There are lakes and meadows adorned with flowers along the route as one treks into the alpine wilderness. | Wikimedia Commons
#5: Kolahoi Base Camp Trek: The Kolahoi Base Camp trek in Kashmir has been famous since the early 1900s and has been a goal for many seasoned hikers from across the world. While Srinagar serves as the beginning point for the trip, it is in Aru Valley that the actual hiking begins. The Kolahoi Base Camp Trek is a gentle adventure that is ideal for novices and families with children. The breathtaking sight of the peaks rising into the sky on the horizon of the Pirpanjal and Karakoram ranges is certainly worth capturing. It is considered to be one of the most popular treks in the Kashmir valley.
The Kolahoi Base Camp Trek is a gentle adventure that is ideal for novices and families with children. | Wikimedia Commons
Kashmir's natural splendour, with its beautiful valleys and towering mountains, is really unlike anywhere. Trekking through various valleys and peaks while taking in the scenic beauty is something that always calms the heart and provides us with memories that we will remember for a lifetime.
Keywords: Kashmir, Lakes, Alpine, Hiking, Trekking, Treks, Sonamarg, Gangabal, Kolahoi, Chhatargul, Mahlish, Tral, Narastan, Marsar
The Pitru Paksha starts after the Full Moon day, and this day marks the beginning of the waning phase of the Lunar cycle. This event is roughly of 15-day period, and is of great significance. From this day, rituals like Tarpan or Tarpanam and Shradh are carried out to pay respects to dead relatives and ancestors.
It is believed that from the very first day till the last day, the unhappy souls of the deceased return to the Earth to see their family members. So, in order to ensure that the dead attain Moksha, i.e. to get liberation, family members of these souls quench their thirst and satisfy their hunger by performing the Pind Daan, which includes offering food consisting of cooked rice and black sesame seeds. The literal meaning of Pind Daan is the act of satisfying those who no longer exist physically.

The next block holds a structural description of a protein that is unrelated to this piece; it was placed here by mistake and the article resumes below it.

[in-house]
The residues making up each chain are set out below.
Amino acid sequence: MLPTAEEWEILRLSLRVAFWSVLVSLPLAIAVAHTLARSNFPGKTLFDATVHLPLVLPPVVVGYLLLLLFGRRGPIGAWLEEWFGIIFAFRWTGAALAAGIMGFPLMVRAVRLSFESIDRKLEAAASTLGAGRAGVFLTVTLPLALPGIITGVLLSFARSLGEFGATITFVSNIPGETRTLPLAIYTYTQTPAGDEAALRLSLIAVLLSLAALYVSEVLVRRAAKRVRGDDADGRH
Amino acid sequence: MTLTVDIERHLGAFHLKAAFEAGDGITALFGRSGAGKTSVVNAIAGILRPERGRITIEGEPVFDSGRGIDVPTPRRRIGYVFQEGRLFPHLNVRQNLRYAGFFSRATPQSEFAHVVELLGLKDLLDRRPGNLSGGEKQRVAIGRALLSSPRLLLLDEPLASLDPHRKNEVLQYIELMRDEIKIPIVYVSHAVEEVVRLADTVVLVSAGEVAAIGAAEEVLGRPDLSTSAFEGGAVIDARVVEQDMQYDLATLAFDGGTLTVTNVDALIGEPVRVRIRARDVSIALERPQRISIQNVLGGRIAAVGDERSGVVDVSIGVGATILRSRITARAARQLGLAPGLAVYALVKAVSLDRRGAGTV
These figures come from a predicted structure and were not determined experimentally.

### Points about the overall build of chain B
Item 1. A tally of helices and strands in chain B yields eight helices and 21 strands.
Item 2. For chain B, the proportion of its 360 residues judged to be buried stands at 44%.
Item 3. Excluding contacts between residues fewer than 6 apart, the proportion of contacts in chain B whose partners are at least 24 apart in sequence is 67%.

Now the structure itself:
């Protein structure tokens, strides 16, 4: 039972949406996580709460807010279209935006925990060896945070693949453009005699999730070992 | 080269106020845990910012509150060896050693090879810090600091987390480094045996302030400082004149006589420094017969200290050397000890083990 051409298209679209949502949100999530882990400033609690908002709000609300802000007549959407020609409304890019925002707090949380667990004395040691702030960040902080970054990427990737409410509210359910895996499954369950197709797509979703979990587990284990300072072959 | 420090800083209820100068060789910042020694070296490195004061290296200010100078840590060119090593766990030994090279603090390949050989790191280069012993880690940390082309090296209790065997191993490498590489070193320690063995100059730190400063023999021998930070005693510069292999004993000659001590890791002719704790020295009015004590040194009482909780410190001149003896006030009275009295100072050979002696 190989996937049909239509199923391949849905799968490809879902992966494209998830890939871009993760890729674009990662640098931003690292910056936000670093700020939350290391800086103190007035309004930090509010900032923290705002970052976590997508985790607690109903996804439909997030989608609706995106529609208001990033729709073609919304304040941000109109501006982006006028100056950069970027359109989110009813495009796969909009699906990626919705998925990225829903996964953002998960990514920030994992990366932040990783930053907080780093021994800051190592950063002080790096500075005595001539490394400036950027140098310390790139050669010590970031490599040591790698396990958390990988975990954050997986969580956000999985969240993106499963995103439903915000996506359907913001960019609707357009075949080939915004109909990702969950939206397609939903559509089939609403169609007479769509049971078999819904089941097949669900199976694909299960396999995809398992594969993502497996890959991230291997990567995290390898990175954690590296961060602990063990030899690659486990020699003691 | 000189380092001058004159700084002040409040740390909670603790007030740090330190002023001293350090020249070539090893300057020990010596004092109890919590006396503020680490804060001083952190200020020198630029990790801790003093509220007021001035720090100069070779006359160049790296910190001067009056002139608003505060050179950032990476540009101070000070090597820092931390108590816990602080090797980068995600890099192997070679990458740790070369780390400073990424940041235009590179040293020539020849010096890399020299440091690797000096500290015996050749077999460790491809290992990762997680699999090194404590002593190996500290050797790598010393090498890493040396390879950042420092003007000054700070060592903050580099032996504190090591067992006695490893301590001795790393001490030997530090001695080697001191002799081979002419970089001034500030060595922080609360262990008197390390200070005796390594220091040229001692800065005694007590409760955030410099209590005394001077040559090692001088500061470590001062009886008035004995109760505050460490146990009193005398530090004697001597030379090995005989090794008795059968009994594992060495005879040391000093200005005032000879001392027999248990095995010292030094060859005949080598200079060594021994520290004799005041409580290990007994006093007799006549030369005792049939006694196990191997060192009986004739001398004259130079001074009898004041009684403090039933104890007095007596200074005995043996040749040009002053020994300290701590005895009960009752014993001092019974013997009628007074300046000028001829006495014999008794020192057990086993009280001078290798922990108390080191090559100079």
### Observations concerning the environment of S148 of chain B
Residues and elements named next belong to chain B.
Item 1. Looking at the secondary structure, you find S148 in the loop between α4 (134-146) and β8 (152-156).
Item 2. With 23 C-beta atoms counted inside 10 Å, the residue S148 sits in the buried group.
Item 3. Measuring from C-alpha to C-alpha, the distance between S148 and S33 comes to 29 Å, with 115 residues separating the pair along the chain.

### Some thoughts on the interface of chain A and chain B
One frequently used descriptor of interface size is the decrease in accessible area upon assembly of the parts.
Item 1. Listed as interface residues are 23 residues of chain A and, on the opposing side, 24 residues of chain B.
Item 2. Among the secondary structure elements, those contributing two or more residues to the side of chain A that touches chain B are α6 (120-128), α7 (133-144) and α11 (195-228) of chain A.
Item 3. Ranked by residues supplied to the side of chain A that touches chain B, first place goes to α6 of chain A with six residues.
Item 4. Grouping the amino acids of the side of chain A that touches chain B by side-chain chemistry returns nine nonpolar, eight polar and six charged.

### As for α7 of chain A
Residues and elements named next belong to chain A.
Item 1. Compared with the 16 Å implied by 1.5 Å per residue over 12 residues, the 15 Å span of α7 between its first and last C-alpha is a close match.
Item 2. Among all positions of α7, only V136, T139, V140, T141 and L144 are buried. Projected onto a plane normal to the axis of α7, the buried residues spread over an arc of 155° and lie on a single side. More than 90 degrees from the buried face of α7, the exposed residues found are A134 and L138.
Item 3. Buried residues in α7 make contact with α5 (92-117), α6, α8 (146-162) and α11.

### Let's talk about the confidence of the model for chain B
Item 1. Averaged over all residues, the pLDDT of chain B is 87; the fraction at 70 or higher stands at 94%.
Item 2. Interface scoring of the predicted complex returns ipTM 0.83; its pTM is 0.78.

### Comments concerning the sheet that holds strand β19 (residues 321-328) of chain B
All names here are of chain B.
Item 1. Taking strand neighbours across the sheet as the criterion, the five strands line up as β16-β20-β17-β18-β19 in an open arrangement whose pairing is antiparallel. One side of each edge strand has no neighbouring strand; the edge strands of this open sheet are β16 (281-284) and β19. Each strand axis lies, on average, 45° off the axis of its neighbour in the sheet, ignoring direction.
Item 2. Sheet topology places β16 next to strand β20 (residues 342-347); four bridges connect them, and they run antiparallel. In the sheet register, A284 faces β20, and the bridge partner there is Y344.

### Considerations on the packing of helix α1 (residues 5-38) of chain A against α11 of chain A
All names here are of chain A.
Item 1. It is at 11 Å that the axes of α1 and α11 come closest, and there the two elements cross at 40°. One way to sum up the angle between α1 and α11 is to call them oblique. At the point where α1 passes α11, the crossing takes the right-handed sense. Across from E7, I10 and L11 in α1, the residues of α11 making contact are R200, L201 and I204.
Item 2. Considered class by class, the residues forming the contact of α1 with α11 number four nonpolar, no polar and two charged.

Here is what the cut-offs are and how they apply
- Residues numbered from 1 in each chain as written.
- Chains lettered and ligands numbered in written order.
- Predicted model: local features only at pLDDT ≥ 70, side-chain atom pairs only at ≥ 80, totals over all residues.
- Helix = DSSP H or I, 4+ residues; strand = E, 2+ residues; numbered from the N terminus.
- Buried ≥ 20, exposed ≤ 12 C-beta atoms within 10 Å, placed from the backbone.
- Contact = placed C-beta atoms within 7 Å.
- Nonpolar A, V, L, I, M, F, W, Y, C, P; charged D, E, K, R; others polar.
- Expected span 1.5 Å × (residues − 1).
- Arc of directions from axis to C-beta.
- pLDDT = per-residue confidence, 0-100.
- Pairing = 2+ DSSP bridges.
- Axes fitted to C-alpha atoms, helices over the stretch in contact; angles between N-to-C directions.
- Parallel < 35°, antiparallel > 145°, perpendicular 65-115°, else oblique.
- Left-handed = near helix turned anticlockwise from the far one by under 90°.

For fifteen days, prayers are offered in temples and rituals are performed to help the souls get free from the cycle of birth, life, and death, and attain salvation.
At the same time, the Pitru Paksha is also an important period for people with Pitru Dosha, which means the curse imposed by the ancestors. Hence, in order to ask forgiveness, people perform Shradh rituals and offer food to the crows, who are considered as living beings that represent the dead. It is believed, if the crow eats the offered food, the ancestors are happy and pleased. But, if the crow doesn't eat the offered food and flies away, the ancestors are not happy.
The event of Pitru Paksha is widely observed by Hindus from all over the world, and they perform prayers and rituals in order to gain their ancestors blessings.